St. Laurent seems to be a popular street for Peregrines’ peregrinations lately. Clayre Bertrand, who lives a few kilometres north of the TCC offices, also on St. Laurent, spotted this falcon perched on her balcony on the 25th floor.
This was on Nov. 22, which was a rather miserable day, weather-wise. The fog would have made it difficult to hunt, so maybe the falcon (possibly Rowena?) decided to wait out the weather on Clayre’s balcony.
Clayre took the opportunity to shoot a short video in which she describes hearing a screech and looking out to see the falcon. She says she had seen the bird fly past her windows the day before.
I received an email recently from Rich Gunhouse, Director of Marketing for The Corporate Centre (TCC) Canada, an office solutions and virtual office provider that recently set up shop on the top floor of 1730 St. Laurent Blvd. Staff there were thrilled to discover a pair of Peregrine Falcons visiting the ledges outside their windows just about every afternoon.
I went to see for myself, but of course the falcons didn’t cooperate that day. I did, however, check the roof for any signs of a nest. There are suitable sheltered areas, but the noise up there from the building’s HVAC, etc., make it rather inhospitable for a long-term stay. In any case, from the photos Rich sent, it looks like this could be Ivanhoe and Rowena, based on the larger female’s overall brown colouring. As we know, they already have a nesting site, but may be using the building at St. Laurent and Industrial as a secondary hangout, much like the downtown falcons spend time at Tunney’s Pasture.
The building isn’t very tall â€” just eight storeys â€” but it’s among the highest building in sight, and the top floor is surrounded by wide ledges that provide a nice lookout over the surrounding land.
It’s been a while since I’ve posted any updates on Ottawa’s Peregrine Falcons, but several people have sent in reports of sightings in the past month or so. Time for an update!
The most recent report, with photo, comes from Melva Peever, who photographed a falcon perched on her 25th-floor balcony overlooking the Ottawa River near the DeschĂŞnes Rapids on Oct. 31.
Photo by Melva Peever.
Falcon Watch veteran Dominique Marshall also sent in a couple of photos showing the Data Centre birds on Oct. 24. As those who walk or drive by that building know, it’s unusual to see both Rowena and Ivanhoe at the same time once the nesting and fledging season is over. That’s Rowena in the first photo and Ivanhoe in the second, each on their favourite ledges. No sign of young Pringle lately. He has no doubt migrated or moved on to establish his own territory.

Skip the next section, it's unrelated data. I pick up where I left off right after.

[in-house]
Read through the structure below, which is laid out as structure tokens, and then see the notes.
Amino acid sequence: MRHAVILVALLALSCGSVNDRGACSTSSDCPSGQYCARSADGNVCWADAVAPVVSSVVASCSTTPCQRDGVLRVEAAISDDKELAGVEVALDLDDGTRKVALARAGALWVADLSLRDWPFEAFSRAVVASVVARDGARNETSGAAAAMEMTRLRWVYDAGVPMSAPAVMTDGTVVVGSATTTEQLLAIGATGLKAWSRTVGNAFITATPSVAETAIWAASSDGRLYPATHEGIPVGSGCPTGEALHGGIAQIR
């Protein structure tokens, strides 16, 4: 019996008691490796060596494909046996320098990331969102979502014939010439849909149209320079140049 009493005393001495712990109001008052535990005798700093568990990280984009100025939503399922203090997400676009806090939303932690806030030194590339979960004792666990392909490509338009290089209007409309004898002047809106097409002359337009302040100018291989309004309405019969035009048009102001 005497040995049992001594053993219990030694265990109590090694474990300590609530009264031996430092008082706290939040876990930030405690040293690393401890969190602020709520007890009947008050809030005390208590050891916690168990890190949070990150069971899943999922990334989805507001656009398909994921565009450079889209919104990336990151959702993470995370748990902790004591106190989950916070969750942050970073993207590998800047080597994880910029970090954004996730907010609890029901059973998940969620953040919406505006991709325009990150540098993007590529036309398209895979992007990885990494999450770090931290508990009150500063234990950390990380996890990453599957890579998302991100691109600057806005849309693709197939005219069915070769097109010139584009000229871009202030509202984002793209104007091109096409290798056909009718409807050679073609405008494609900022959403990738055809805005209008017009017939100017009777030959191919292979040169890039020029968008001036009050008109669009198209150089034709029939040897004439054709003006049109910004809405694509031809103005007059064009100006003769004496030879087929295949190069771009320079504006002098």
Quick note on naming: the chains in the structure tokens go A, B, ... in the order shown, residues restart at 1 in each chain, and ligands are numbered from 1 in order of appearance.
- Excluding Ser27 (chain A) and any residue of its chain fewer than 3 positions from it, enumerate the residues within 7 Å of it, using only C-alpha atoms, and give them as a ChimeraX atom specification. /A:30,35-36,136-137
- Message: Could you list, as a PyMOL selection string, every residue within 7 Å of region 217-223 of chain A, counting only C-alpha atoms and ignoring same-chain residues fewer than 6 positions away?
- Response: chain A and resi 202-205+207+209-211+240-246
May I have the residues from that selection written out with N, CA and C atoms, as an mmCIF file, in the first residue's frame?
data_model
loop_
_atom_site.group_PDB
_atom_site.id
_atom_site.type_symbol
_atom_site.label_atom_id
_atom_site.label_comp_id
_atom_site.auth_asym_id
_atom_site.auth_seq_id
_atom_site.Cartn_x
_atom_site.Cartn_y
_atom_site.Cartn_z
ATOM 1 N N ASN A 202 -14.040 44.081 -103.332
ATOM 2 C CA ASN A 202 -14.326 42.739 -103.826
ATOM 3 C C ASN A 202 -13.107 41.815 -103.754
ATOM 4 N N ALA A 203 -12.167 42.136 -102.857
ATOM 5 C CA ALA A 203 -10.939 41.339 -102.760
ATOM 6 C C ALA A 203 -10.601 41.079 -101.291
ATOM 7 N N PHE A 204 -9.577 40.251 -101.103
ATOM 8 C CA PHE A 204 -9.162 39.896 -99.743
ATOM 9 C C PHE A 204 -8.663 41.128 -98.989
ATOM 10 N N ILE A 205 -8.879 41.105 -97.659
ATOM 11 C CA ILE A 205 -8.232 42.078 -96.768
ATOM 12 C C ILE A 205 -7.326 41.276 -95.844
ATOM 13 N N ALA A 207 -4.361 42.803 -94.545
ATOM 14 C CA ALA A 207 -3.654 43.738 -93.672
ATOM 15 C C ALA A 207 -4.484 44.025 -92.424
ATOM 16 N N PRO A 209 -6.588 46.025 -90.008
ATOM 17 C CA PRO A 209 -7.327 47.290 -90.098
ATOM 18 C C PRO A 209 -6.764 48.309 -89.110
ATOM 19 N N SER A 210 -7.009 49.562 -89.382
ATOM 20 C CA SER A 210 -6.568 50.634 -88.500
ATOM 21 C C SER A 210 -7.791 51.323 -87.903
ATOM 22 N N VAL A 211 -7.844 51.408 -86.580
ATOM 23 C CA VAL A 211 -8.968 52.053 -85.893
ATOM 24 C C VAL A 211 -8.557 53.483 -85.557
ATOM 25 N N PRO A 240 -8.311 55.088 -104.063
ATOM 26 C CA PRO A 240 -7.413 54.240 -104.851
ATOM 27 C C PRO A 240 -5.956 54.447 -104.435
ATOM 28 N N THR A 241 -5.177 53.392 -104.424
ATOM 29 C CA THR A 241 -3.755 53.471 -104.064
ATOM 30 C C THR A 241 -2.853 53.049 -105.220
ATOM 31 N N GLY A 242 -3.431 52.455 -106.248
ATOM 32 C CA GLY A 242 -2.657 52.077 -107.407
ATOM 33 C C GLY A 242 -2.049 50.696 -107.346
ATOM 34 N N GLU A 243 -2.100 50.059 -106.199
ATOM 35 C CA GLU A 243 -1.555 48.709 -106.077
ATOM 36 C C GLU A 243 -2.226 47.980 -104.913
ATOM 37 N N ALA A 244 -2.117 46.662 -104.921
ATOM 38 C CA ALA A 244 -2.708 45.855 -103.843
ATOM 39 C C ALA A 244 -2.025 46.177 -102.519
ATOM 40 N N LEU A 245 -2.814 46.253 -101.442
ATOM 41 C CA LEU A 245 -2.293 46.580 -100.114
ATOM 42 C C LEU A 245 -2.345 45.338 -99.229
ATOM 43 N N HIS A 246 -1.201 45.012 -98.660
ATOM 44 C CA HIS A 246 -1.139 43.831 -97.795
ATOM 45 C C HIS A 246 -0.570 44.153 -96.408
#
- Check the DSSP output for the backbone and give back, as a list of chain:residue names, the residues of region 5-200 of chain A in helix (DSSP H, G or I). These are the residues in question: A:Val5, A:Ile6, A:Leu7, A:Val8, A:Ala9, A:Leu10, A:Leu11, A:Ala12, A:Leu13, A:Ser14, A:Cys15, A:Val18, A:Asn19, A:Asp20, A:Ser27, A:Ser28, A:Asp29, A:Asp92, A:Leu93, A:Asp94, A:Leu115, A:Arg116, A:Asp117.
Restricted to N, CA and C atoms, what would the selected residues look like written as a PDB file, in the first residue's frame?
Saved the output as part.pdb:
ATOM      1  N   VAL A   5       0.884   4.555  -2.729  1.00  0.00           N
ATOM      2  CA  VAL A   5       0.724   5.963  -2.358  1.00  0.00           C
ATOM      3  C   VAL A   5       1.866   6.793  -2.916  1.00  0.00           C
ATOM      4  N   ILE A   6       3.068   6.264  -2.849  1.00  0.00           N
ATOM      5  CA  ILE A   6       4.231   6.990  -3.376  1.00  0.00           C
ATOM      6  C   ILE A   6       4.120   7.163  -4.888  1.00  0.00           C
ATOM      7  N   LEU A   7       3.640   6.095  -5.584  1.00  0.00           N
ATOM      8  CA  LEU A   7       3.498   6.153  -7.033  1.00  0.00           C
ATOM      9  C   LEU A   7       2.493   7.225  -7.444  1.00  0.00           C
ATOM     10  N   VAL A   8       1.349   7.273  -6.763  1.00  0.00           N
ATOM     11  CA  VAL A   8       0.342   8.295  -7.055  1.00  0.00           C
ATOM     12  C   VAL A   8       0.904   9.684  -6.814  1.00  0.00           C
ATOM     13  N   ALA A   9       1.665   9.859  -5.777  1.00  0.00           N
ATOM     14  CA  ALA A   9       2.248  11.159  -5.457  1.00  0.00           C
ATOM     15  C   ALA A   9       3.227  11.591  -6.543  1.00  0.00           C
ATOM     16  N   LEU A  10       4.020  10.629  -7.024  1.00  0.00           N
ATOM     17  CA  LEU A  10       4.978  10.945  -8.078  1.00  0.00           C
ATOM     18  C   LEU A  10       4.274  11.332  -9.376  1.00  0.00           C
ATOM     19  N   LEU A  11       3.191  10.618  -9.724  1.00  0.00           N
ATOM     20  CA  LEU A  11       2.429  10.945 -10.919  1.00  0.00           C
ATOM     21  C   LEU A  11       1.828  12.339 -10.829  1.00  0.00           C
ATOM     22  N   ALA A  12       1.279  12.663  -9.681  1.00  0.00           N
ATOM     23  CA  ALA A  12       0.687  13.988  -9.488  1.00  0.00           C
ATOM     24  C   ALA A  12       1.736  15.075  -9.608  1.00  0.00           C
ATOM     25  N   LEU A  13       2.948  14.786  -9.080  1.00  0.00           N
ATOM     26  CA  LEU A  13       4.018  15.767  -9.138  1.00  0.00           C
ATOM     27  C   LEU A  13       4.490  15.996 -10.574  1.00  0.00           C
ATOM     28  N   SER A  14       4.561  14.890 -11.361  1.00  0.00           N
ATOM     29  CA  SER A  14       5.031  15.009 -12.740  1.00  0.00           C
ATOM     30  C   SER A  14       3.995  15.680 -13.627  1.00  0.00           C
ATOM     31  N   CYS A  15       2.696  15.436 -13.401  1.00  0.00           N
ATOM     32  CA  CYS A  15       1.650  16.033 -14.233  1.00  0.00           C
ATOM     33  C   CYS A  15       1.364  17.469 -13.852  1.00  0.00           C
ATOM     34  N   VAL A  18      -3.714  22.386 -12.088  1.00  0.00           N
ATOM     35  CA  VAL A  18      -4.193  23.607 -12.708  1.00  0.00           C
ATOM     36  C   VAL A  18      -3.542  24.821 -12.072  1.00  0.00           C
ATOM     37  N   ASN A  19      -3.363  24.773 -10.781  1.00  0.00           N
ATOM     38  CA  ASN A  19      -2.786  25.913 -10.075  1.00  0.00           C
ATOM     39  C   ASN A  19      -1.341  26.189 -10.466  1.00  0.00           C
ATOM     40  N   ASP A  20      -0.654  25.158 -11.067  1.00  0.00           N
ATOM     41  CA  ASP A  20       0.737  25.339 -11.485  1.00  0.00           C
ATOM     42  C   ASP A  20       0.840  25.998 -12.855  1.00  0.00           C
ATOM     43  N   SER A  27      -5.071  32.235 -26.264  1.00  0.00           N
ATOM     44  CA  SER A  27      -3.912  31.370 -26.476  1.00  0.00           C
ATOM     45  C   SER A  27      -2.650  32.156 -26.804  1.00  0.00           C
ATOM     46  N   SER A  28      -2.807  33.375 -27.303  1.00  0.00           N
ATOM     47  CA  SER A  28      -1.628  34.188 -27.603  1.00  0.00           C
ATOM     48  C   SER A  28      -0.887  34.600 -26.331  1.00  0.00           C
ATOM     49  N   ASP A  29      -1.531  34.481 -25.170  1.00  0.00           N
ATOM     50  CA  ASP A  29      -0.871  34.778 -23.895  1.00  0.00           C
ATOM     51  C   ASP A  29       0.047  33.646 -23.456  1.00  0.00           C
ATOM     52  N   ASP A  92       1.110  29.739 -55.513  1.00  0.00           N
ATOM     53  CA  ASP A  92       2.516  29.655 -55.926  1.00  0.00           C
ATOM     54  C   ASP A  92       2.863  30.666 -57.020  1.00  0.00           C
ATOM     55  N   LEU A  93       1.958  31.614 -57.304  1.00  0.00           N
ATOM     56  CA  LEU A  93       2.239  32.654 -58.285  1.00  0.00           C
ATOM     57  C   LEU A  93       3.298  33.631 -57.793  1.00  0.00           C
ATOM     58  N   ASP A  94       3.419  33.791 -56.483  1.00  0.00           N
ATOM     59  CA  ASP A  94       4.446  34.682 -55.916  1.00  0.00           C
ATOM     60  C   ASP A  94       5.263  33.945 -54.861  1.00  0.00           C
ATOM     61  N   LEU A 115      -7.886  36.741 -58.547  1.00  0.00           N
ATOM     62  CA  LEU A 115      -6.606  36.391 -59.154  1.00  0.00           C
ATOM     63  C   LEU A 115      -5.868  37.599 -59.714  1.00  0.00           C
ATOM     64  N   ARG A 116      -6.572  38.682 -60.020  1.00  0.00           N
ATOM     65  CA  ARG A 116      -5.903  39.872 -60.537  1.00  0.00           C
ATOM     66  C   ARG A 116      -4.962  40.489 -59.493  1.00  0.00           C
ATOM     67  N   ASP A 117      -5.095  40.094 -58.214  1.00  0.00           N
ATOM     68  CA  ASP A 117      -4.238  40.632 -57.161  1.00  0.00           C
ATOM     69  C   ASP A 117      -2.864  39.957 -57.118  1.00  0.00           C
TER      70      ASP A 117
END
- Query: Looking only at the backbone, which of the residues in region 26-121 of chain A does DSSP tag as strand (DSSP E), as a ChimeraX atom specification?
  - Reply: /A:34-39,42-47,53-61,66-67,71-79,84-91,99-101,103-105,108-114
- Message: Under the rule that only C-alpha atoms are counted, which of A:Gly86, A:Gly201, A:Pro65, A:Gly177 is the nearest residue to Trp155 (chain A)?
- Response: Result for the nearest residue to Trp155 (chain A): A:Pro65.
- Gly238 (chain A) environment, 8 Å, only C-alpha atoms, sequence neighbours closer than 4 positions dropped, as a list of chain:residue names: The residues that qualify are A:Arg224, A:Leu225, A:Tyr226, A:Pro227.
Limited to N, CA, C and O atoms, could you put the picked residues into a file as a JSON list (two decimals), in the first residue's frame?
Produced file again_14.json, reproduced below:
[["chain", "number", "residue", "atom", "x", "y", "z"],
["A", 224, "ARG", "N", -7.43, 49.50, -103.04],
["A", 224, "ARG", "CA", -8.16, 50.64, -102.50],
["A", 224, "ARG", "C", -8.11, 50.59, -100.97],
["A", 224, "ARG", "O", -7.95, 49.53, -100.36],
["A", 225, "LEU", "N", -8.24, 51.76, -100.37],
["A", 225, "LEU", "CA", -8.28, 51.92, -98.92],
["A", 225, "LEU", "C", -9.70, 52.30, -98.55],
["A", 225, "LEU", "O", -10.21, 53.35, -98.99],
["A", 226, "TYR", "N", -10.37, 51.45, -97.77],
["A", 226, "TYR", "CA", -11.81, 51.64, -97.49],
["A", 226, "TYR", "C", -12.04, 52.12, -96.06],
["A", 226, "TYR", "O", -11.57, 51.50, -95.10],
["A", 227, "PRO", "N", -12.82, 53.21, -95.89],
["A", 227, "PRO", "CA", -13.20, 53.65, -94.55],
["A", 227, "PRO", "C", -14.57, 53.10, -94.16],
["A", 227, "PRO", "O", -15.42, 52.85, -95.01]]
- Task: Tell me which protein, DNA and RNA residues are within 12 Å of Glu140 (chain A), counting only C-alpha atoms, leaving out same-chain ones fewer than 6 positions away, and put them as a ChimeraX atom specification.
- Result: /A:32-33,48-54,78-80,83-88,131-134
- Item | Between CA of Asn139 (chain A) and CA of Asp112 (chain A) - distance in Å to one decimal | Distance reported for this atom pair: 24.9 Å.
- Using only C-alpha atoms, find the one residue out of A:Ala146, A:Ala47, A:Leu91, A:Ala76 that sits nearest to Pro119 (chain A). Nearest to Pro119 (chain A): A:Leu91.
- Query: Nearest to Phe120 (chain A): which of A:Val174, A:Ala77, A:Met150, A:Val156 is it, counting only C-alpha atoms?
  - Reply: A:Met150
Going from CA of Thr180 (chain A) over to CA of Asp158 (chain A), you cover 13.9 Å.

Photo by Dominique Marshall.
Photo by Dominique Marshall.
Speaking of young falcons, there were a couple of interesting sightings in early September. I went to see a flock of American Golden Plovers in the west end, just off Twin Elm Rd. Seconds after I got there, a young Peregrine swooped in and cleared the entire field of birds. A couple of days later, Lorraine Elworthy reported seeing a juvenile falcon just east of there at the Burnside Pit. Was it Pringle or another young falcon from the Ottawa area? We’ll never know, but keep your eyes open for those Peregrines. Based on various reports, I have a feeling the local population is on the rise.
The downtown falcons, meanwhile, are still being seen. When Alex and I checked the Delta during the OFNC Fall Bird Count, we found one of them perched on the northeast corner. I though I would have to content myself with just one PEFA for the day’s tally (I pride myself in finding the downtown falcons during both the fall and Christmas bird counts). But 20 minutes later, as we cycled along the river near the War Museum, we saw falcon No. 2 fly in from the west, headed back to the Delta.
Here’s photo taken a year ago of one of the Peregrine Falcon chicks perched on a sixth-floor, south-side ledge. Judging by the bird’s size, it’s most likely Amber, the female. Her brother Data was smaller. Thanks to Zeke Hasaces for sharing his photo.
Coincidentally, I dropped by today to check on the falcons and found Pringle also perched on the south sixth-floor ledge furthest to the right (when facing the building. Rowena was perched on the nest ledge, and when she flew off, Pringle followed. From what I could see, today’s flight lesson was “Soaring in Place in a Strong Wind”.
One of the 2012 chicks seen from inside the building. Photo by Zeke Hasaces.
Thanks to all who volunteered their time during this year’s Falcon Watch, and also to the staff and management of SNC-Lavalin and the Canada Revenue Agency for their help.
A special thank you to the security guards on site for all their friendly assistance at all hours of the day, and to Nancy Scott for helping organize the whole shebang and for driving in from the boonies to cover some extra shifts.